Could statins protect against PARKINSON’S? Elderly users of the cholesterol-busting drugs are 16% less likely to get crippling disorder, study claims
- Researchers monitored 3,000 people in their 70s who did not have Parkinson’s
- At the end of the study, 53% of those not taking statins developed the disease
- But just 45% of those taking the drugs developed the condition – a 16% lower risk
Statins don’t just prevent heart attacks and strokes — a study suggests they could also ward off Parkinson’s.
Elderly people who took the cholesterol-busting pills were 16 per cent less likely to develop tell-tale symptoms of the disease, researchers found.
Experts at Rush University in Chicago believe the drugs, which can cost pennies to make, protect the brain.
Parkinson’s is caused by nerve cell damage in the brain, which cuts the production of chemicals involved in regulating movement.
Researchers at Rush University in Chicago monitored nearly 3,000 people in their 70s who did not have the disease for six years, a third of whom were taking statins. At the end of the study, 53 per cent of those who did not take the drugs developed Parkinsons, compared to just 45 per cent among statins-users. Pictured: stock of statins
Nearly 3,000 people in their 70s who did not have the disease were involved in the study, of which a third were on statins.
The team followed up with the patients annually for six years to check for any signs of parkinsonism — the umbrella term for neurological conditions seen in Parkinson’s such as tremors.
Participants were considered to have parkinsonism if they suffered from two or more markers of the conditions.
These included tremors, stiffness, parkinsonian gait (small shuffling steps and slow movement) and difficulty moving quickly on command.
Around half of the group developed parkinsonism, according to results of the study published in the journal Neurology.
WHAT IS PARKINSON’S? THE INCURABLE DISEASE THAT STRUCK BOXER MUHAMMAD ALI
Parkinson’s disease affects one in 500 people, and around 127,000 people in the UK live with the condition.
Figures also suggest one million Americans also suffer.
It causes muscle stiffness, slowness of movement, tremors, sleep disturbance, chronic fatigue, an impaired quality of life and can lead to severe disability.
It is a progressive neurological condition that destroys cells in the part of the brain that controls movement.
Sufferers are known to have diminished supplies of dopamine because nerve cells that make it have died.
There is currently no cure and no way of stopping the progression of the disease, but hundreds of scientific trials are underway to try and change that.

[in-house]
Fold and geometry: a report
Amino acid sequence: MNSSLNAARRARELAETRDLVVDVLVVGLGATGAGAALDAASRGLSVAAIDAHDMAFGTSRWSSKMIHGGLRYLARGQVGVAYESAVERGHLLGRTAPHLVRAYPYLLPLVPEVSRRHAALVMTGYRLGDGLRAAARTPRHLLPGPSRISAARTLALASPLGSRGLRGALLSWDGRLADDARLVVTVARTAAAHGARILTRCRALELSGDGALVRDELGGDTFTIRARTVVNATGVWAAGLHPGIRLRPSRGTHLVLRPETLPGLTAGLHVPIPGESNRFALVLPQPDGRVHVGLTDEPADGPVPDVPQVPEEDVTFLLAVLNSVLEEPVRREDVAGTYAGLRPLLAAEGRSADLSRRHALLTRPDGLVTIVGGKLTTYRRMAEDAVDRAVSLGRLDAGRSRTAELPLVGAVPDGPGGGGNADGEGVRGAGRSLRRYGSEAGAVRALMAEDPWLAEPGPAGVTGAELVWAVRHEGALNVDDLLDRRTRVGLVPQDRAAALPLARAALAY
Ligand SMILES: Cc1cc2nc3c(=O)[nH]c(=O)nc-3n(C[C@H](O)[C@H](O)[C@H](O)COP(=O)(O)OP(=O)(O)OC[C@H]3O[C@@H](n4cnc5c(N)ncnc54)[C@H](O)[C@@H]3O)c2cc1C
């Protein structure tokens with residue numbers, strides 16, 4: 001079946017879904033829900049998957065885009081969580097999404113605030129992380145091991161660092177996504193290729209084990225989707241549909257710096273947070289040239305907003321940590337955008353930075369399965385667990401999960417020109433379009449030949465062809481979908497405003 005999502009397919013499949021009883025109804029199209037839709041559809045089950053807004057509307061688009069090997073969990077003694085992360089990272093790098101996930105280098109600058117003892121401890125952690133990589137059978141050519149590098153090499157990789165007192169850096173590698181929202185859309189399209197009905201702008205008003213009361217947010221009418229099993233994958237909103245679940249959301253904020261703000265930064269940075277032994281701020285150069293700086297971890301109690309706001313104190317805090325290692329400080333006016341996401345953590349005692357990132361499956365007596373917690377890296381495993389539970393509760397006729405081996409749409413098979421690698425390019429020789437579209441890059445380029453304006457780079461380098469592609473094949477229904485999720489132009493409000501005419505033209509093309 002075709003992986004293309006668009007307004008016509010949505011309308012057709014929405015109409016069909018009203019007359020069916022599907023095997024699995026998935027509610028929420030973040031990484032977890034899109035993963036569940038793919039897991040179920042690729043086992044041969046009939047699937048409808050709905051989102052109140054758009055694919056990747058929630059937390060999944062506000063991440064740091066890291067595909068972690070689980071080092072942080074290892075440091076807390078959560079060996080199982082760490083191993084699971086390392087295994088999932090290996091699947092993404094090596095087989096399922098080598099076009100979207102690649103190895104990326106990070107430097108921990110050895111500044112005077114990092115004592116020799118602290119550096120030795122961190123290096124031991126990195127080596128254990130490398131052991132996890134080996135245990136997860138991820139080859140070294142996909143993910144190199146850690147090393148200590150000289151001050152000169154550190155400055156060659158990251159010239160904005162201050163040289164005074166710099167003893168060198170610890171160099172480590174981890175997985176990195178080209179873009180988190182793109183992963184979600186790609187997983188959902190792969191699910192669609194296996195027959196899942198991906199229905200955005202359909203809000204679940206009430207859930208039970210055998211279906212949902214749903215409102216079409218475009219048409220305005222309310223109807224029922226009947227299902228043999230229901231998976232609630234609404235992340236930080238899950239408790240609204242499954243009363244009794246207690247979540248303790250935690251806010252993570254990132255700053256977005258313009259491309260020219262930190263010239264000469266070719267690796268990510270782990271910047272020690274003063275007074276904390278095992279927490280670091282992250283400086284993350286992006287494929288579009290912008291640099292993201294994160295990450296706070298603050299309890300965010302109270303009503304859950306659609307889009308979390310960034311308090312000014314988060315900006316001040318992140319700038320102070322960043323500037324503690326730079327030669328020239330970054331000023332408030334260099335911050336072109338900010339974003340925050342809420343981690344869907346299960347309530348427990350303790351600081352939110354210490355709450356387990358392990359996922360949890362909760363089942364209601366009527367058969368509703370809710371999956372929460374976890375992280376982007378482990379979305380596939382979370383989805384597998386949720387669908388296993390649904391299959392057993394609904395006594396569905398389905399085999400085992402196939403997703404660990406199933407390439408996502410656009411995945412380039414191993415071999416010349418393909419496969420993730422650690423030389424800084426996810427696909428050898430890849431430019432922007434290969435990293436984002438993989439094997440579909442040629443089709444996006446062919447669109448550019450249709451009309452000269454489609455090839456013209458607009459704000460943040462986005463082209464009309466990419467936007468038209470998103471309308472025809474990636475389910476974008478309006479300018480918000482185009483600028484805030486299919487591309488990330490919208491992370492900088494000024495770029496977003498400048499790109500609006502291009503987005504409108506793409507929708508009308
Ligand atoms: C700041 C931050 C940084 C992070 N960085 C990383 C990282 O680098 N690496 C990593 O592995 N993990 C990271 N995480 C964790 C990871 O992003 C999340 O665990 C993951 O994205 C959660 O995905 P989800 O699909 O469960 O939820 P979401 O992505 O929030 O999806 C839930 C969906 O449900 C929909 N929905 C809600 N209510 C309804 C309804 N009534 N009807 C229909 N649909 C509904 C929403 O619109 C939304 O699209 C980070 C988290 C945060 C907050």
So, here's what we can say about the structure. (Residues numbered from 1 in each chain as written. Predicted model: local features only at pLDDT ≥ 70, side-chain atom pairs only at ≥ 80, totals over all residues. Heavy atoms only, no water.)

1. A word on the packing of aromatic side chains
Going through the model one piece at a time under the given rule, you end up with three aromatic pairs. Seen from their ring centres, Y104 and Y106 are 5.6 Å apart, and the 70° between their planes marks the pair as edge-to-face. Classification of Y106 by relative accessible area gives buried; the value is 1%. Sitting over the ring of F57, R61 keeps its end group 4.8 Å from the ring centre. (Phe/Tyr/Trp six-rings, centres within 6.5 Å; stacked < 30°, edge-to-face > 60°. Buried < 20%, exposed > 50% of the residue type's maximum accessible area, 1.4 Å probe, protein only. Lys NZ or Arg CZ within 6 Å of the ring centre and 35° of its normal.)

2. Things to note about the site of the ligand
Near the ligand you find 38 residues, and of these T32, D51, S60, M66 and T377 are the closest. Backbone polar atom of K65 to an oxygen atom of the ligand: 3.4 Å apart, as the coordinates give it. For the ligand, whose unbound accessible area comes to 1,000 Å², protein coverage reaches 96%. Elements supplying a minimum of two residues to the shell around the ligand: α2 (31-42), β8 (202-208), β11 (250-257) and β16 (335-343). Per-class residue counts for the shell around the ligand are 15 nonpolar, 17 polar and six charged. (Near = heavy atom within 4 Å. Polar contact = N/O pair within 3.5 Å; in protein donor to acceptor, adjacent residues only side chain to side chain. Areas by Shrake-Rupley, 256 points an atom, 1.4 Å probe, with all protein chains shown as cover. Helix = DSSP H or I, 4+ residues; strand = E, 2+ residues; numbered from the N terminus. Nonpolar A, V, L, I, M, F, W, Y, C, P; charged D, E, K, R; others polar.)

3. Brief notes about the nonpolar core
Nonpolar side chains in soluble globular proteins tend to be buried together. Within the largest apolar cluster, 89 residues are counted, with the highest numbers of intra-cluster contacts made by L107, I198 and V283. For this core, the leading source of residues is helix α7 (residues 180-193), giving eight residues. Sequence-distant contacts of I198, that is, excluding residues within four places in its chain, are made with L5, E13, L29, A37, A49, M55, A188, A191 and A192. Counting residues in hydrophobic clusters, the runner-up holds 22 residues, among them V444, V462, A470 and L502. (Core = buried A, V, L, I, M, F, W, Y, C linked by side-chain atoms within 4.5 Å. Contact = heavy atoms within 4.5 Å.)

The disease claimed the life of boxing legend Muhammad Ali in 2016.
Some 53 per cent of those who did not take statins developed parkinsonism by the end of the study.
But the figure was just 45 per cent in the statin-taking group.
The team claimed this equated to a 16 per cent reduced risk of parkinsonism among those taking statins.
And participants taking higher dose statins were even less likely to be struck down with the crippling symptoms.
A second branch of the study saw academics analyse the brains of 1,044 participants who died during the experiment.
Volunteers who took statins were a third less likely to have atherosclerosis, a build-up of plaque in the arteries that can lead to heart attacks and strokes.
Lead researcher Dr Shahram Oveisgharan said: ‘Our results suggest people using statins may have a lower risk of parkinsonism.
‘And that may be partly caused by the protective effect statins may have on arteries in the brain.
‘Our results are exciting because movement problems in older adults that come under the umbrella of parkinsonism are common, often debilitating and generally untreatable.’
She added: ‘Statins could be a therapeutic option in the future to help reduce the effects of parkinsonism in the general population of older adults, not just people with high cholesterol or who are at risk for stroke.’
The team said more research was needed to confirm the effect of statins, which are taken by millions of people in the UK and US every day.
Around 137,000 people in the UK and 680,000 individuals in the US are living with Parkinson’s.
It is caused by a loss of nerve cells in part of the brain which stops the normal development of dopamine, which is vital in regulating movement of the body.
Scientists do not know what causes the loss of nerve cells, but most experts believe it is a combination of genetic and environmental factors, including exposure to pesticides and chemicals and previous head injury.
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